The first problem is one of narrative logic. Time-travelling paradoxes were present in The Terminator, Terminator 2:Judgment Day and Terminator 3:Rise of the Machines, but by and large they lurked in the background, not drawing attention to themselves. By joining John Connor at 2018, before he meets Kyle, the paradox can’t help but jump out and make a nuisance of itself. Despite being a fairly solid lump of flesh and bone, John (admittedly, perhaps mistakenly) believes that he has to keep Kyle alive so that the future (and the past) will play out as his mother has told him it will, presumably thinking that he’ll disappear, Marty McFly-style, if he doesn’t. That would be fine if the movie played on the paradox – imagine that awkward first meeting!* – but the script’s just as grim as McG and Hurlbut’s drab pallet of greys and browns, keeping a straight face even as Bale delivers the preposterous line “We’ve been at war since before either of us even existed”.

Get over that hurdle and you run straight into a confusing proliferation of plots. The original Terminators vaguely followed the same formula: machine pursues vulnerable but semi-protected human. Salvation replaces that simplicity with three separate story strands and fails to convince with any of them: is the movie about John and the Resistance’s efforts to hit at the heart of Skynet? Is it about Marcus and his efforts to understand his renaissance? Or is it about Kyle, being led unknowingly towards his extraordinary destiny? The answer, of course, is all three; but none of them grab the viewer, despite the fact that each has their obvious point of empathy – John’s pregnant wife, Kate (Bryce Dallas Howard); Marcus’ bond with the loyal Blair; and Kyle dragging round the mute and completely pointless kid, who I only know is called Star and is a girl because I looked it up.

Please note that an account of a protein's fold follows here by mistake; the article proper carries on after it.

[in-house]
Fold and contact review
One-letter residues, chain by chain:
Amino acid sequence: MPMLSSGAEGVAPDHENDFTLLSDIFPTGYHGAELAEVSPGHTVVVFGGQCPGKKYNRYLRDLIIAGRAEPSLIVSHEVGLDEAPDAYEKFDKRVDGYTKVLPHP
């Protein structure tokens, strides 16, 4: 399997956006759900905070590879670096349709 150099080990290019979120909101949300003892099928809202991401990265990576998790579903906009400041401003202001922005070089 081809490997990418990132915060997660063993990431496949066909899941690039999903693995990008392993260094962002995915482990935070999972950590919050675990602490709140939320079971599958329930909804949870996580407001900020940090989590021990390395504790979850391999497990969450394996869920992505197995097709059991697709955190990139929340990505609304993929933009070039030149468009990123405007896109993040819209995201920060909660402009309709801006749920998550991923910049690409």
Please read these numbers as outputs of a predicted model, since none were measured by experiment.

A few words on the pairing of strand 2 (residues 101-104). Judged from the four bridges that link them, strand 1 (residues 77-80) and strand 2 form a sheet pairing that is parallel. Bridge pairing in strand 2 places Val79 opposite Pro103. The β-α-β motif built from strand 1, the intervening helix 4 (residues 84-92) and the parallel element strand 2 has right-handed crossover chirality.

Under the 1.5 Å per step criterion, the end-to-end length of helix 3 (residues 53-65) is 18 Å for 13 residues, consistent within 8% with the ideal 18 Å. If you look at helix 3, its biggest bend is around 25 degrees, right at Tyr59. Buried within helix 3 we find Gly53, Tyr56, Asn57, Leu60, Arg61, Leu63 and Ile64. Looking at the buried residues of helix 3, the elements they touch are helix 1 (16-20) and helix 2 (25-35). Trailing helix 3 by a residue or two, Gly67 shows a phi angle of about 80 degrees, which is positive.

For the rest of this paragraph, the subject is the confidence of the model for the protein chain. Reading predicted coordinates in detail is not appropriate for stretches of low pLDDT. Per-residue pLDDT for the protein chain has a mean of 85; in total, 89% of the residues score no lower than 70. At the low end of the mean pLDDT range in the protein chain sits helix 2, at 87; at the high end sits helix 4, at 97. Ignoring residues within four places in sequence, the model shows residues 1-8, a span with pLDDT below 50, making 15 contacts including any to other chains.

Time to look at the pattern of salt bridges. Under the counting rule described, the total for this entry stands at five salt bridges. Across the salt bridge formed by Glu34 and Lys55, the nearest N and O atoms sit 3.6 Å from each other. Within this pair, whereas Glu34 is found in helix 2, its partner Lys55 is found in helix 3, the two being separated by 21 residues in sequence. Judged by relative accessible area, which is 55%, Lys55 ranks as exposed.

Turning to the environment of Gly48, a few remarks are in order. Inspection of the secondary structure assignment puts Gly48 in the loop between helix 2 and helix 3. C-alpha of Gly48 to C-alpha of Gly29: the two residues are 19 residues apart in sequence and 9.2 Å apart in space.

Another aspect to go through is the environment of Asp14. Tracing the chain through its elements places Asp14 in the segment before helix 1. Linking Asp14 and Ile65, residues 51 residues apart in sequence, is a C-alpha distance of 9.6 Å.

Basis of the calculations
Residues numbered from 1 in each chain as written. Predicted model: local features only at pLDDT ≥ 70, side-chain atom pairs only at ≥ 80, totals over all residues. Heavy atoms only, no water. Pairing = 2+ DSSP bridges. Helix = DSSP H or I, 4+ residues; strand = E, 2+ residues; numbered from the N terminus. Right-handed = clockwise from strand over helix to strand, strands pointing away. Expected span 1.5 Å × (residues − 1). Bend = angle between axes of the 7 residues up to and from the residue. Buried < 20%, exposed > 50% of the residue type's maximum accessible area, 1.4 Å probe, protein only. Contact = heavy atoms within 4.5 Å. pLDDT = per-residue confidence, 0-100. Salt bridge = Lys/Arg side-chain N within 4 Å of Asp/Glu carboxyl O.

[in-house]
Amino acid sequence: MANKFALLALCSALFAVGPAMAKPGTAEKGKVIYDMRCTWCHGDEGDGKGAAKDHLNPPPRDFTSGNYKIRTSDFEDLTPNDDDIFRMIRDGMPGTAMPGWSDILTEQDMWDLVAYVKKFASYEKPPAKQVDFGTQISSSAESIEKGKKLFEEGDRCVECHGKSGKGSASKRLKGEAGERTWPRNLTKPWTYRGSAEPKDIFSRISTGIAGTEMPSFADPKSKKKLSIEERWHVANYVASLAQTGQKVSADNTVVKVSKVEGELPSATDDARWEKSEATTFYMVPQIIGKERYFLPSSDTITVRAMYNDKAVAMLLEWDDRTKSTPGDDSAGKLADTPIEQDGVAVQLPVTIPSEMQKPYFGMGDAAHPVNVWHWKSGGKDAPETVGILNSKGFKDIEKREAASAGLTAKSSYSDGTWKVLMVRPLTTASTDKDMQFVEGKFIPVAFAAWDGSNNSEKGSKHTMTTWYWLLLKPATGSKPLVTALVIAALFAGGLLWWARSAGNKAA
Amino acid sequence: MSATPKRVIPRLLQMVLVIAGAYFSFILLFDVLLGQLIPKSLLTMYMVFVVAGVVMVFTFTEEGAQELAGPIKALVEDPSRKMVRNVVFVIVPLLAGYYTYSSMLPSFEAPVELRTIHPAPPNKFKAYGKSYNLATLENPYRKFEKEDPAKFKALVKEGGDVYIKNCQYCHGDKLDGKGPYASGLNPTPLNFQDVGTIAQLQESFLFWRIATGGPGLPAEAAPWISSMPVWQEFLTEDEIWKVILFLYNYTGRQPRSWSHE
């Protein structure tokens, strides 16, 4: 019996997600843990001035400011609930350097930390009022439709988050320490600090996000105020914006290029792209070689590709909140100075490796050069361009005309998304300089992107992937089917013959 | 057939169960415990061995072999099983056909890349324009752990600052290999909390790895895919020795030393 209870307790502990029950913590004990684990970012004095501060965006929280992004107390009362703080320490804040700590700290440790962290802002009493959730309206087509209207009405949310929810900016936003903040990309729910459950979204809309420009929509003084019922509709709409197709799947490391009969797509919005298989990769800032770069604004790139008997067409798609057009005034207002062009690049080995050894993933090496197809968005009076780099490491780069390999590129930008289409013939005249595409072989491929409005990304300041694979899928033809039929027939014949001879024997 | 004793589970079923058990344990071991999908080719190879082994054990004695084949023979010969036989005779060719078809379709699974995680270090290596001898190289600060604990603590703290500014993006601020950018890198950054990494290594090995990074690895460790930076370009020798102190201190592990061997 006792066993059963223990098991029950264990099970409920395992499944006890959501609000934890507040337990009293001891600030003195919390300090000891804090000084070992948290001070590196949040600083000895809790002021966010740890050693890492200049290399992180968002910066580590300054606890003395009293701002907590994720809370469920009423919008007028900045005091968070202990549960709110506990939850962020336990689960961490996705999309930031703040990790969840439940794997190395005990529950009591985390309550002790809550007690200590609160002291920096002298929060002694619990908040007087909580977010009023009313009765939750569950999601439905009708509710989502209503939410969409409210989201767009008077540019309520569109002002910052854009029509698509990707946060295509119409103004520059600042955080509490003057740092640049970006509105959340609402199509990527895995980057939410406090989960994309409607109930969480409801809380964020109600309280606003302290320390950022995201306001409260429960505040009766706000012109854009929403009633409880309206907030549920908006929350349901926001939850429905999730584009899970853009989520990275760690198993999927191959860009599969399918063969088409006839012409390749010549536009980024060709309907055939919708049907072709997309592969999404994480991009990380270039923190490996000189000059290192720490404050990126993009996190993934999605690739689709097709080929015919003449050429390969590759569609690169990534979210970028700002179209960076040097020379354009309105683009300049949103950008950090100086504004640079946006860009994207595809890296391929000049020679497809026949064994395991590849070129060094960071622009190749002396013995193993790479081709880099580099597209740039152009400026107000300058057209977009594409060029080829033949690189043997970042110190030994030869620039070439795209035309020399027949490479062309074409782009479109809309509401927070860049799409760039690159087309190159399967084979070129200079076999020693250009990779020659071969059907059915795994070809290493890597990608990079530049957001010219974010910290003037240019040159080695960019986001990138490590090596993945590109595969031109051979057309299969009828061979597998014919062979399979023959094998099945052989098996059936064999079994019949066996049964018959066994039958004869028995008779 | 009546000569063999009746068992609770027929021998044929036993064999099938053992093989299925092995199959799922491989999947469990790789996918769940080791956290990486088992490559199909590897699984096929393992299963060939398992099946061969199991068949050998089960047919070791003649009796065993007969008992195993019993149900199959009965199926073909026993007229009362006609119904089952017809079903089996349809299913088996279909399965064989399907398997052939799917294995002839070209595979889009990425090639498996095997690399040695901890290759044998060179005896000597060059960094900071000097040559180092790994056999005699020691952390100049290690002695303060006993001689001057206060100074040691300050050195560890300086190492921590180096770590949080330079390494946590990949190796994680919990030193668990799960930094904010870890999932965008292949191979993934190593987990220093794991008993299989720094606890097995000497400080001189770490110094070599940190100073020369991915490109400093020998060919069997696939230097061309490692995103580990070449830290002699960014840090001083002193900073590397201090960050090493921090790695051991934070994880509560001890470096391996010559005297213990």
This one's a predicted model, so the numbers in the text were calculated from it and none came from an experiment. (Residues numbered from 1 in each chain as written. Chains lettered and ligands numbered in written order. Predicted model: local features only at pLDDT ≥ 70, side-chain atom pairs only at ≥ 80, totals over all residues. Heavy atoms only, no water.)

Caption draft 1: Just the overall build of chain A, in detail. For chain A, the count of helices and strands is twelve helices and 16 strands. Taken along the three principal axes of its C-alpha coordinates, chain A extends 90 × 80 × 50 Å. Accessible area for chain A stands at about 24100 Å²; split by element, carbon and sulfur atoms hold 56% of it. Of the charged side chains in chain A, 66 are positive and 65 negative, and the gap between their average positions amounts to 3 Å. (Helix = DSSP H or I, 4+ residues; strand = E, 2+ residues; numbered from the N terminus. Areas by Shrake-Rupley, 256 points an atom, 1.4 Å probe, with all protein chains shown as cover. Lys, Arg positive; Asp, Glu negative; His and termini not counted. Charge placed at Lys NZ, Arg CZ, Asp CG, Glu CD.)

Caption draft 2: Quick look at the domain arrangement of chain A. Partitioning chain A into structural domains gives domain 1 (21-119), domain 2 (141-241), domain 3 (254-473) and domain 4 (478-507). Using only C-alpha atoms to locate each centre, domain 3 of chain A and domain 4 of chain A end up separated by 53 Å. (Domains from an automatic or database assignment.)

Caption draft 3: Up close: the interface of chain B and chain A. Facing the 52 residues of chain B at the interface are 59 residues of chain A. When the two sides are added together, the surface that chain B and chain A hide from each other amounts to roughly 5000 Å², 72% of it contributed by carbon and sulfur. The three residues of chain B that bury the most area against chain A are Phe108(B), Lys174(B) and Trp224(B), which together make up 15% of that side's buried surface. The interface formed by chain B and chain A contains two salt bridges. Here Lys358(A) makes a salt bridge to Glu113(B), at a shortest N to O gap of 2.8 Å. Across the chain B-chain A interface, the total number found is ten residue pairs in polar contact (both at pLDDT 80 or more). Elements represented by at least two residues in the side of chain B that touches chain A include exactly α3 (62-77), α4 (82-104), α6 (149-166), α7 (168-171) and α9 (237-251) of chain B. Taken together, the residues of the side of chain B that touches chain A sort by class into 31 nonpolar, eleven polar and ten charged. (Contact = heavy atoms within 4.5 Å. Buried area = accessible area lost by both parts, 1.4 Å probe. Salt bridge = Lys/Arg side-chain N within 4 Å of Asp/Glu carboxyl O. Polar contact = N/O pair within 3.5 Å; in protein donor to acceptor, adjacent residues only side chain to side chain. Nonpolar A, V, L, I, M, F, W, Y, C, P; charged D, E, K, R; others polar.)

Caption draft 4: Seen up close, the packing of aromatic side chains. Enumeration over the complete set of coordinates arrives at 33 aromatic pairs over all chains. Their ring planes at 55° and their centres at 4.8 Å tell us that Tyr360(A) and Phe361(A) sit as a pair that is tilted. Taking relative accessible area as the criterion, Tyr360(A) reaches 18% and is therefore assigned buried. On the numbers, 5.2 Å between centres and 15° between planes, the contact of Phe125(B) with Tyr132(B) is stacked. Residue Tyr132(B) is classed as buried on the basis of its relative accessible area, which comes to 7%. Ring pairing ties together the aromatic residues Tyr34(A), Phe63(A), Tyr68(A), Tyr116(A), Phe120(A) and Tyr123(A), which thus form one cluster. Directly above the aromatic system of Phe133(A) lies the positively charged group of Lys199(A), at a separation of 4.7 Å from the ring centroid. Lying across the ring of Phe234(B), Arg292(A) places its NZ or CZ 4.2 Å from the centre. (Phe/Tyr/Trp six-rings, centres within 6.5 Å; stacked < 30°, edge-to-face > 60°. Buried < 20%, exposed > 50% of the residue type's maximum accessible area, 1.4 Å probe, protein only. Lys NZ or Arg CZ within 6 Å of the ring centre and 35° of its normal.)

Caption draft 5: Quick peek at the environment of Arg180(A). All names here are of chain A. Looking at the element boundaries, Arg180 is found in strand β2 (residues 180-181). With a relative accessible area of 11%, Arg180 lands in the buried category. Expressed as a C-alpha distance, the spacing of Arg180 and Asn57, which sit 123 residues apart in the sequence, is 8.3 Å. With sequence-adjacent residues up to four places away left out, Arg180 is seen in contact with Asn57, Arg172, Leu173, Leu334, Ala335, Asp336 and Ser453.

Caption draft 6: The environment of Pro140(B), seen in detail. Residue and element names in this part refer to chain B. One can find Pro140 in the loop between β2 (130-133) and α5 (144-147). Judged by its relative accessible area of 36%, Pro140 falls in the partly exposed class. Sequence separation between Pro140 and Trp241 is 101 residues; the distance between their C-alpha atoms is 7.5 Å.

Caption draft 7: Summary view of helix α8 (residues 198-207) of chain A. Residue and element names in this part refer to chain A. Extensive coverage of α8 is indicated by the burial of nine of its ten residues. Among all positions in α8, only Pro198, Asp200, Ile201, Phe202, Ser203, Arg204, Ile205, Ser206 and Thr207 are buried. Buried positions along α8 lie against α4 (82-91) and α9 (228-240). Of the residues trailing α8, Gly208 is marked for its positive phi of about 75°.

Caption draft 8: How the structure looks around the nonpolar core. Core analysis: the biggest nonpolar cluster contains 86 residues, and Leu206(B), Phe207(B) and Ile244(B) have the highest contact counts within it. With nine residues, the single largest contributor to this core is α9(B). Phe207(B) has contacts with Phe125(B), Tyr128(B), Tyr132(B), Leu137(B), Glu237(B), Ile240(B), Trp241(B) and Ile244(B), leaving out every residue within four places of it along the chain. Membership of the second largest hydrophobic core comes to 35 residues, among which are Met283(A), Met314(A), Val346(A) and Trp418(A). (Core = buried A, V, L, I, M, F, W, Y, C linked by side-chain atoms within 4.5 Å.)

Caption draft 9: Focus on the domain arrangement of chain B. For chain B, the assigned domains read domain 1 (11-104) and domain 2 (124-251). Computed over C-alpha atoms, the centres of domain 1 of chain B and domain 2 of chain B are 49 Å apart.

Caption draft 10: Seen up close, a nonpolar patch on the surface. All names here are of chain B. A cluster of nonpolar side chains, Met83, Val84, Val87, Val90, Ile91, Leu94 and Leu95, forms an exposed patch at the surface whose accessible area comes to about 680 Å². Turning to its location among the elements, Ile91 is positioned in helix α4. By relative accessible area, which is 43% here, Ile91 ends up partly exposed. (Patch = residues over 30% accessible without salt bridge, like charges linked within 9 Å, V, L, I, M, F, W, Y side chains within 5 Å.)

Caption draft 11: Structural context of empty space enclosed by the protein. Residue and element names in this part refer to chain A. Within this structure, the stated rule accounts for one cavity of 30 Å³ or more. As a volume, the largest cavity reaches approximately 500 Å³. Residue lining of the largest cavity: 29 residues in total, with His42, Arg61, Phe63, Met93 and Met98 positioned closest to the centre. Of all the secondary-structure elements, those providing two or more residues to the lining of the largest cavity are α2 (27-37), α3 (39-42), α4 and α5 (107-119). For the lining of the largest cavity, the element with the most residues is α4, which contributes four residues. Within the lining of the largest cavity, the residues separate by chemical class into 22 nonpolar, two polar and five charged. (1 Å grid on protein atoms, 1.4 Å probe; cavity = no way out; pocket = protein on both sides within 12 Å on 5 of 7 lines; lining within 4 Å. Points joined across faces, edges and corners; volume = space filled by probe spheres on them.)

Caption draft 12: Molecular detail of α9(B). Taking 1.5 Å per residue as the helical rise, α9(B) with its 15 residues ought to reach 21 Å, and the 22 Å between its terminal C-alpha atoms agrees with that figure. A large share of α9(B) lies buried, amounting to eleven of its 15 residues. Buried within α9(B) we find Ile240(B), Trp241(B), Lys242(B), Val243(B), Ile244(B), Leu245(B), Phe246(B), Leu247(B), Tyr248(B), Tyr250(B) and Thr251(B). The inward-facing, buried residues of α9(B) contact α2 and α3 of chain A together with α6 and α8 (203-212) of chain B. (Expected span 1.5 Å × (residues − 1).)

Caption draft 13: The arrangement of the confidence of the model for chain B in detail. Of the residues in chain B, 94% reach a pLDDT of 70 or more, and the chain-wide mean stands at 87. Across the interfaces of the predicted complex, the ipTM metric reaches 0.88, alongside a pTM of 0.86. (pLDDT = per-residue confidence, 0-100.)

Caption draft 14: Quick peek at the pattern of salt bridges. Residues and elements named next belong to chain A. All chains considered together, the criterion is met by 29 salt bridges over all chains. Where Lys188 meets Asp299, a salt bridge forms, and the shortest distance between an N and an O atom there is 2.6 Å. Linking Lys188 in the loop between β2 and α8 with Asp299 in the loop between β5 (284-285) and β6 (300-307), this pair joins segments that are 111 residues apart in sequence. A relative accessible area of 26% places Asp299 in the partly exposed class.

Fans might argue that I would only complain if the fourth movie copied the first three too closely; and they’d probably be right. However, the problems with the plot are only half the story, since Terminator Salvation is executed really poorly. Marcus’ backstory is laid out clumsily, and if the reveal of his true nature is meant to be any sort of twist, it’s rather spoilt by the fact that we see him die in 2003 and miraculously come back to life fifteen years later; helpfully, McG provides a good deal of cruciform symbolism just in case we don’t understand Marcus’s role in the scheme of things. Also, Sam Worthington might look the part, but accents are not his thing – non-Australian ones, anyway.